Wednesday, May 17, 2017
Return To The Wild
One of our life goals is to assist the return to a natural setting of native plants. With the exception of the protective covering wire cages, arbutus now grows here in three appropriately wild locations. Lobelia cardinalis has been here with us for decades but it survives with our help only in the gardens. Pasture grasses overwhelmed it after two seasons when we planted it near our pond. So now we make another attempt to introduce cardinal flower in an almost natural setting.
From what we have read, cardinal flower seeds require moisture to germinate. We recently discovered an area at the base of the bedrock ridge that features an occasional spring. Moving a short distance toward the former farm field, our plants will find adequate sunlight and moderately wet soil. These three plants have spent the past several weeks in plastic pots so that a move to the basement protected them from late frosts. Plants left unprotected in the garden are still alive but their growth is way behind the potted plants. Perhaps the natural cycle of tender new growth under snow cover making the transition to hard dark green leaves consumes a great deal of the plants energy as does recovery from frost damage.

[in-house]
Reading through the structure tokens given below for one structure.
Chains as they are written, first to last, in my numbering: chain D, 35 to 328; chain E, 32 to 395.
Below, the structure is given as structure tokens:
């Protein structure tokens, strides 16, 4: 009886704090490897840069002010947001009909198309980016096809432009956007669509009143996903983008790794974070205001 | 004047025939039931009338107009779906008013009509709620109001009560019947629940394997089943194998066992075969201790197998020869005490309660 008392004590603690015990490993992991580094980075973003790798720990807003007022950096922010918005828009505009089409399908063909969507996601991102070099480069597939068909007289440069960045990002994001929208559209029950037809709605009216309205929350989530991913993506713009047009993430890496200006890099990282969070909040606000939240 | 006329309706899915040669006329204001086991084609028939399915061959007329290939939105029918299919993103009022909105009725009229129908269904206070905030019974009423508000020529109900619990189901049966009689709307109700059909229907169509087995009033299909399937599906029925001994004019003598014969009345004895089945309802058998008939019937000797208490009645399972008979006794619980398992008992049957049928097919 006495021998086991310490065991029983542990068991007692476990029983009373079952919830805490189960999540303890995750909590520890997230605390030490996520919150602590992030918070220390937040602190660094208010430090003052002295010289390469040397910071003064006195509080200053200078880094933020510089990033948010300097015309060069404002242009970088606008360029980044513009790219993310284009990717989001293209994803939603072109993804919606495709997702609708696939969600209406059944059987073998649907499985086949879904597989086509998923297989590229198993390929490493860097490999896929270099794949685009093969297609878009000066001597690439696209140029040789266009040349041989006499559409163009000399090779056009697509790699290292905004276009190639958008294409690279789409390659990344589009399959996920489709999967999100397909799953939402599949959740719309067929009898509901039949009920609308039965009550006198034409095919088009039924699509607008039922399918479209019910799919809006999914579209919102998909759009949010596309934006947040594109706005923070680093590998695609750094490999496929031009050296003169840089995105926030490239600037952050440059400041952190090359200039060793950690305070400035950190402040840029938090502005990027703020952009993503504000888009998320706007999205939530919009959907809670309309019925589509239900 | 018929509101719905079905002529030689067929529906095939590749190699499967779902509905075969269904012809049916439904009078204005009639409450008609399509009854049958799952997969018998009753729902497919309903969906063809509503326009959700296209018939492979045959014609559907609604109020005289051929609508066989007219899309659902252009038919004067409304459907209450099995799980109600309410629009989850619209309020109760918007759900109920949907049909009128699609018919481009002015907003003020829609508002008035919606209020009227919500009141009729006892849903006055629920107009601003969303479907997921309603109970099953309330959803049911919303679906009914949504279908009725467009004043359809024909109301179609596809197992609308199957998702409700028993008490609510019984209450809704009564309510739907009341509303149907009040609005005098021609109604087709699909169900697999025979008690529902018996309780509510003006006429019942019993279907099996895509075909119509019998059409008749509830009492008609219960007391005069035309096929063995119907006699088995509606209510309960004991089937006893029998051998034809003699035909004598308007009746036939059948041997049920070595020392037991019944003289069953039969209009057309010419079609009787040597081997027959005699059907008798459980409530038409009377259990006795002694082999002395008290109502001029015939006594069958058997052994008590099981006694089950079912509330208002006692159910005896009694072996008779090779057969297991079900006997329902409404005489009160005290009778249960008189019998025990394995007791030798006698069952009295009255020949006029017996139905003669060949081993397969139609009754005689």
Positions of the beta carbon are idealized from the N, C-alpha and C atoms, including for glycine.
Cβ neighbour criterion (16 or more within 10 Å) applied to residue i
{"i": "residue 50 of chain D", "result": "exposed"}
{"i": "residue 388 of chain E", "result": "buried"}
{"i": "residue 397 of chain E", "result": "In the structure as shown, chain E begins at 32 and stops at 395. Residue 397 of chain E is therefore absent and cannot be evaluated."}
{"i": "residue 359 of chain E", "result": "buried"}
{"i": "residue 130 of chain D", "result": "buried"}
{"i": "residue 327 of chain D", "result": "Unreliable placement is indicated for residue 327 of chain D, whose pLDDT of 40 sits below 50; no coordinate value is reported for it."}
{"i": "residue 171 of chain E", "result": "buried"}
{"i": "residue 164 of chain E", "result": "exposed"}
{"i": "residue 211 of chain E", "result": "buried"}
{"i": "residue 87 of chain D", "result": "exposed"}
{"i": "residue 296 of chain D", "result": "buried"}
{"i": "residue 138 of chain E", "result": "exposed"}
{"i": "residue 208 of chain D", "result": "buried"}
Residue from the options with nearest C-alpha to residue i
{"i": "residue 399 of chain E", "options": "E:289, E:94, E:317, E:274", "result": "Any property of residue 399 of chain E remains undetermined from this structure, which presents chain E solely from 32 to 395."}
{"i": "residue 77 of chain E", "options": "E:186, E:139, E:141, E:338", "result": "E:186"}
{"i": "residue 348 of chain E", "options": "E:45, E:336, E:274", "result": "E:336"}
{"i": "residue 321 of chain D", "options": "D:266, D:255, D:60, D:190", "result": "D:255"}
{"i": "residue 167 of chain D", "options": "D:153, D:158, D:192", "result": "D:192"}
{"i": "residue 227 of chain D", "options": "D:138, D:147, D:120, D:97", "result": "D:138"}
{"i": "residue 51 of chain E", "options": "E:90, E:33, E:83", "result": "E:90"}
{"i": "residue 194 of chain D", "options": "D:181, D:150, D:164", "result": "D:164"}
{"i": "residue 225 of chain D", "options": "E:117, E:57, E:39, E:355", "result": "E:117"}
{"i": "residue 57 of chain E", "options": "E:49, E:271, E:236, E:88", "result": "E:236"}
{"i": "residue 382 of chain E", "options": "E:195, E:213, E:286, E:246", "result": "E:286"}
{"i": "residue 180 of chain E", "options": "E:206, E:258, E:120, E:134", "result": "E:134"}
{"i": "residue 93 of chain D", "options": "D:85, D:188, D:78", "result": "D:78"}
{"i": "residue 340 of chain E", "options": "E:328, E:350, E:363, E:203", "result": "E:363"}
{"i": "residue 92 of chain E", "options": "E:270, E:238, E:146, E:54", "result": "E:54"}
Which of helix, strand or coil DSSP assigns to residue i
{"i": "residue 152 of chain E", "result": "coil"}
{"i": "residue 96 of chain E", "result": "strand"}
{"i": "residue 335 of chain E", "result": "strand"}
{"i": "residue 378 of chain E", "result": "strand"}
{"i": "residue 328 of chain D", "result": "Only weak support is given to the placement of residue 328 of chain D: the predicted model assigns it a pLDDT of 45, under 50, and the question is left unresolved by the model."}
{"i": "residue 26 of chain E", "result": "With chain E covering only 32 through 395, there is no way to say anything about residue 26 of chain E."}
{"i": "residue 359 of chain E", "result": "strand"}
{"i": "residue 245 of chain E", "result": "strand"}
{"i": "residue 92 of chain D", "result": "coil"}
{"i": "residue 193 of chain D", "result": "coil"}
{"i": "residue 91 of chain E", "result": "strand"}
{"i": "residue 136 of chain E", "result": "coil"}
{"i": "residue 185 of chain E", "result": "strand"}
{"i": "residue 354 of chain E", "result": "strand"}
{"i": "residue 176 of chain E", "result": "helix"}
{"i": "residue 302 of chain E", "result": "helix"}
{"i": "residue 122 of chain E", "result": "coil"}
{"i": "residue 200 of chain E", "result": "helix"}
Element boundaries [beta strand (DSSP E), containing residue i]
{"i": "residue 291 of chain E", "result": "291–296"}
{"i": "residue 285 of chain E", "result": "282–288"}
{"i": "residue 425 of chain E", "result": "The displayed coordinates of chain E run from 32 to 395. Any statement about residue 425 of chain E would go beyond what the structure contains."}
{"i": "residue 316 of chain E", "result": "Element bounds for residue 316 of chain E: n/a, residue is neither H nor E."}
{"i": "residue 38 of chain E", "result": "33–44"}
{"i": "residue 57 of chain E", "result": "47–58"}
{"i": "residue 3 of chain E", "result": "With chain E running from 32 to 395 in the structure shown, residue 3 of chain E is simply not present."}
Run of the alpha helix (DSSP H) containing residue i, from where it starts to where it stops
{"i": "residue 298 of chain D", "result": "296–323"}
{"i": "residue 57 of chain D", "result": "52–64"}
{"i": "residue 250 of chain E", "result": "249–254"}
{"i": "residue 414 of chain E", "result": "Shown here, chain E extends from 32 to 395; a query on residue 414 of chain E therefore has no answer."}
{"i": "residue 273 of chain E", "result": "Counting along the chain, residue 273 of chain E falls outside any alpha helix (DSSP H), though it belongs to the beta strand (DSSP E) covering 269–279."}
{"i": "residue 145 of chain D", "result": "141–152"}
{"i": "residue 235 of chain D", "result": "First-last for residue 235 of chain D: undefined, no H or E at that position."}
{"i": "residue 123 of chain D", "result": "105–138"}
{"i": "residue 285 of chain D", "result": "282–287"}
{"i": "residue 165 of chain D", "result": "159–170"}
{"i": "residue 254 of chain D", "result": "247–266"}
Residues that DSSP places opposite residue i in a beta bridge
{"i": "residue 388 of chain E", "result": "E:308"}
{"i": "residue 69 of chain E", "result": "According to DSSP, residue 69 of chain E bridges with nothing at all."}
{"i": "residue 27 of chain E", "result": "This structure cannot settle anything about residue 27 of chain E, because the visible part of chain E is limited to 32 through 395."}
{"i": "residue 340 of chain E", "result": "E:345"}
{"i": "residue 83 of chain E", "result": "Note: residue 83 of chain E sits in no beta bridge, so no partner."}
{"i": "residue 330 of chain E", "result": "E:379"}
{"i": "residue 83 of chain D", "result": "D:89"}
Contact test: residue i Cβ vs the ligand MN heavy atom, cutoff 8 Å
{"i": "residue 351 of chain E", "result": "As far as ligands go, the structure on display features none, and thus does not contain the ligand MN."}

In the nearby woods, fallen leaf cover prevents rampant grass growth. We used one of our bags of residential leaves to cover this area of ground. Additional leaves will be brought here to expand the grass free area. If the introduced leaves run to the natural fallen leaves in the woods, a wild appearance will result. We can continue to bring leaves here if the plants survive in this location. The protective wire cage is intended for a short time only. Once the cardinal flower settles in the cage will be removed.
These Jack in the pulpits discovered close to the location of the cardinal flower's new home are the first that we have ever found on our land. Widespread sizable chunks of broken ridge stone litter the ground here as the ridge gives way to the field. Walking here is risky but the area favors natural growth of the Jack in the pulpits. Perhaps the moisture in this area is necessary for these plants survival.
One thing that we did notice is that Jack in the pulpit's with only a single leaf had no Jack. Perhaps like the trout lily, older plants with two leaves are only ones to flower.
On a totally unrelated subject, as we neared our home by auto yesterday a red tailed hawk flew up just in front of us. It had been on the ground on the downhill side of the road and was flying into the woods. It was carrying what looked to be a baby woodchuck. The distance separating bird and car was extremely small and our view of the sunlit back of the hawk was incredible. Since we view woodchucks as mortal enemies, seeing one about to feed nestling hawks just seemed right.
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